With 1.7 million people, the city of Tijuana in the Mexican state of Baja California is the 6th largest city in Mexico. Right across the border from San Diego, California, Tijuana is often called “The Gateway to Mexico.” Founded in the late 1800s around a ranch called Rancho Tia Juana, the city grew and is now very modern. It serves as a magnet for people from all over Mexico as jobs are plentiful there and the standard of living is high. As a relatively new city, Tijuana does not have legends running deep into its colonial past like many other Mexican cities. It also does not have any stories rooted in longstanding indigenous traditions, as most of the local natives, who were few in number to begin with, were either killed off or absorbed into the broader mestizo Mexican society generations ago. Most of the tall tales found in Tijuana would be more properly classified as urban legends, which Wikipedia defines as:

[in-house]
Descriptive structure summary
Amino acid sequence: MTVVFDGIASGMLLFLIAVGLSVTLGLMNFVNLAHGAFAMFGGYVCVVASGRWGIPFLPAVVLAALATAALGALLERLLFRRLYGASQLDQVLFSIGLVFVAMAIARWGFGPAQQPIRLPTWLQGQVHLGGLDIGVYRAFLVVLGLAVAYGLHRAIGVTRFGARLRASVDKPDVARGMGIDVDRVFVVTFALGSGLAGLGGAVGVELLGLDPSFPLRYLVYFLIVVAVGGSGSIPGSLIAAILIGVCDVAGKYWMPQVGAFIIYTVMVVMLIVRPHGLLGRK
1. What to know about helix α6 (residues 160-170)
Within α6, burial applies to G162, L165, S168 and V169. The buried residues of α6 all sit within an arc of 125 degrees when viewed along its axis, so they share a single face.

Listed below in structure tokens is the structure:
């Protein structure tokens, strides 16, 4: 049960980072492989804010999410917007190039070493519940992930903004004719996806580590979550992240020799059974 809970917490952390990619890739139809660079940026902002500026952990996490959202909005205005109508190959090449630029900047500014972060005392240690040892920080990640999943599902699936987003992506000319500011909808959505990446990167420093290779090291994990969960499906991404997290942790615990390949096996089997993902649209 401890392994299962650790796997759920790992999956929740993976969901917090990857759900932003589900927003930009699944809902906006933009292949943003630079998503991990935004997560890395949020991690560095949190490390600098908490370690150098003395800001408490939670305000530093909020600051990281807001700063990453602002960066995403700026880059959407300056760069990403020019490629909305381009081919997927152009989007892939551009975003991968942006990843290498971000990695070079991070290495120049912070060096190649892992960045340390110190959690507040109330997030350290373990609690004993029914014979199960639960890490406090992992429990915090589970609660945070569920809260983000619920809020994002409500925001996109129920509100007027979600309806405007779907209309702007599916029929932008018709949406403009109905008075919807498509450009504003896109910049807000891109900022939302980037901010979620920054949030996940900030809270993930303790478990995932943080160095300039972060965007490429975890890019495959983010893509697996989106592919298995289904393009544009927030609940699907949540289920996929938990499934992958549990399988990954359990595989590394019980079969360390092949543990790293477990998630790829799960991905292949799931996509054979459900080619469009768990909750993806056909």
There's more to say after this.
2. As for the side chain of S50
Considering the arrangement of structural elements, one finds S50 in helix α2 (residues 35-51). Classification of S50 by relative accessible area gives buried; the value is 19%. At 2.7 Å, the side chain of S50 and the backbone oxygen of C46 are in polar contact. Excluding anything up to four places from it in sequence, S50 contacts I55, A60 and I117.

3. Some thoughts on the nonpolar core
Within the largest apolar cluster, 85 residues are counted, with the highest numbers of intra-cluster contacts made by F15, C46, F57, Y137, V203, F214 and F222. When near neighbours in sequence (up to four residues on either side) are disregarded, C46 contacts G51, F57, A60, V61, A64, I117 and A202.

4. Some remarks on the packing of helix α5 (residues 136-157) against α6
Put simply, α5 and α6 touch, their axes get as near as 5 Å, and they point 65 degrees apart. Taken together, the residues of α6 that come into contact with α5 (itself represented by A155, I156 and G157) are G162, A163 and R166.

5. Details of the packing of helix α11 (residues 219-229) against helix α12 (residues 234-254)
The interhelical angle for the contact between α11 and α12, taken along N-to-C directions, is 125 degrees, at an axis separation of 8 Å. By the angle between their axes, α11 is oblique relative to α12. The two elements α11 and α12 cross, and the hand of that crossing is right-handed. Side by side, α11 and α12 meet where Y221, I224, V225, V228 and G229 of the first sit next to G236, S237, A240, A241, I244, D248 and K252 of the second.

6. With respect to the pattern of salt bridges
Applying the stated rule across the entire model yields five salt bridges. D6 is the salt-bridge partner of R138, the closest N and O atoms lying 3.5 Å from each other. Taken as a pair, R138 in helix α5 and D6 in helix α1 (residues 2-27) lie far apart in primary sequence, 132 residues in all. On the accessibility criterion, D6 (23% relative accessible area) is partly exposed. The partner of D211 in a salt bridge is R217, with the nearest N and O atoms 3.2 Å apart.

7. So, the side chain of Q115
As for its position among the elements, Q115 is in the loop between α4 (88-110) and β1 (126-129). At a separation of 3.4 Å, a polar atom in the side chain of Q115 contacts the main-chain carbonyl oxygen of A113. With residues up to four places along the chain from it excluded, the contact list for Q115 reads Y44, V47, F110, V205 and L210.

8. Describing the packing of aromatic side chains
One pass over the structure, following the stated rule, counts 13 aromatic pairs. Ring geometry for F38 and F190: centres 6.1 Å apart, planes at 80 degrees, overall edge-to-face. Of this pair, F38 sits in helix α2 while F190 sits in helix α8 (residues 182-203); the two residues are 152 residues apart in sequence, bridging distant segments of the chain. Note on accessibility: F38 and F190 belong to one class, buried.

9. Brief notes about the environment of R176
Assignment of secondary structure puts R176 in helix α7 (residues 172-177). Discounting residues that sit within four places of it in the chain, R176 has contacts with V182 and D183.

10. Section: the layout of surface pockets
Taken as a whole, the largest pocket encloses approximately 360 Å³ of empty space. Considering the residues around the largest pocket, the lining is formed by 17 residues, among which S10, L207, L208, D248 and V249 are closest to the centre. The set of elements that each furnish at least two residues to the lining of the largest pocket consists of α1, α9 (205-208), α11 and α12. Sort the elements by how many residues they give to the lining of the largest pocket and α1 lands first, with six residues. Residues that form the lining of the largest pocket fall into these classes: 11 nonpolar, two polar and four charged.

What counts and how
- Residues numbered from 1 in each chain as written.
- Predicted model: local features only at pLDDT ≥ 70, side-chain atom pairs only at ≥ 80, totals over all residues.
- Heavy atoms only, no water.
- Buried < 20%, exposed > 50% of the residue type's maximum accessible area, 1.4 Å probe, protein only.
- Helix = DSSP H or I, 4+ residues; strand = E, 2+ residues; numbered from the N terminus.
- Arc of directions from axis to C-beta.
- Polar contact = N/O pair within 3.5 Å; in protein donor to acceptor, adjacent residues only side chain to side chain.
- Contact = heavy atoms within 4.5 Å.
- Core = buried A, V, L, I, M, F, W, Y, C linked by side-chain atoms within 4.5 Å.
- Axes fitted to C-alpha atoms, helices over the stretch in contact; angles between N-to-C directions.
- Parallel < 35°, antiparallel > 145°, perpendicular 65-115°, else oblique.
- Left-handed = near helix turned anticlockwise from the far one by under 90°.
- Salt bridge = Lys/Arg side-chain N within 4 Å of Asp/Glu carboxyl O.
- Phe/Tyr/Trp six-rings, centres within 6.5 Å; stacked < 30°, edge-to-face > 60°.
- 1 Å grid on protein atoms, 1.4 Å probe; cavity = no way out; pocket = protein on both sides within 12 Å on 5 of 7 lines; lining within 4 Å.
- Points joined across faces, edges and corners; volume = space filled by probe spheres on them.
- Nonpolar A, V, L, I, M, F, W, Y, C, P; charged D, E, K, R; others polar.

“A genre of folklore comprising stories circulated as true, especially as having happened to a friend or family member, often with horrifying or humorous elements. These legends can be entertainment, but often concern mysterious peril or troubling events, such as disappearances and strange objects. They may also be confirmation of moral standards, or reflect prejudices, or be a way to make sense of societal anxieties.”
The Mexican metropolis of Tijuana has many urban legends. Here are 4.
- The Headless Dancer from Agua Caliente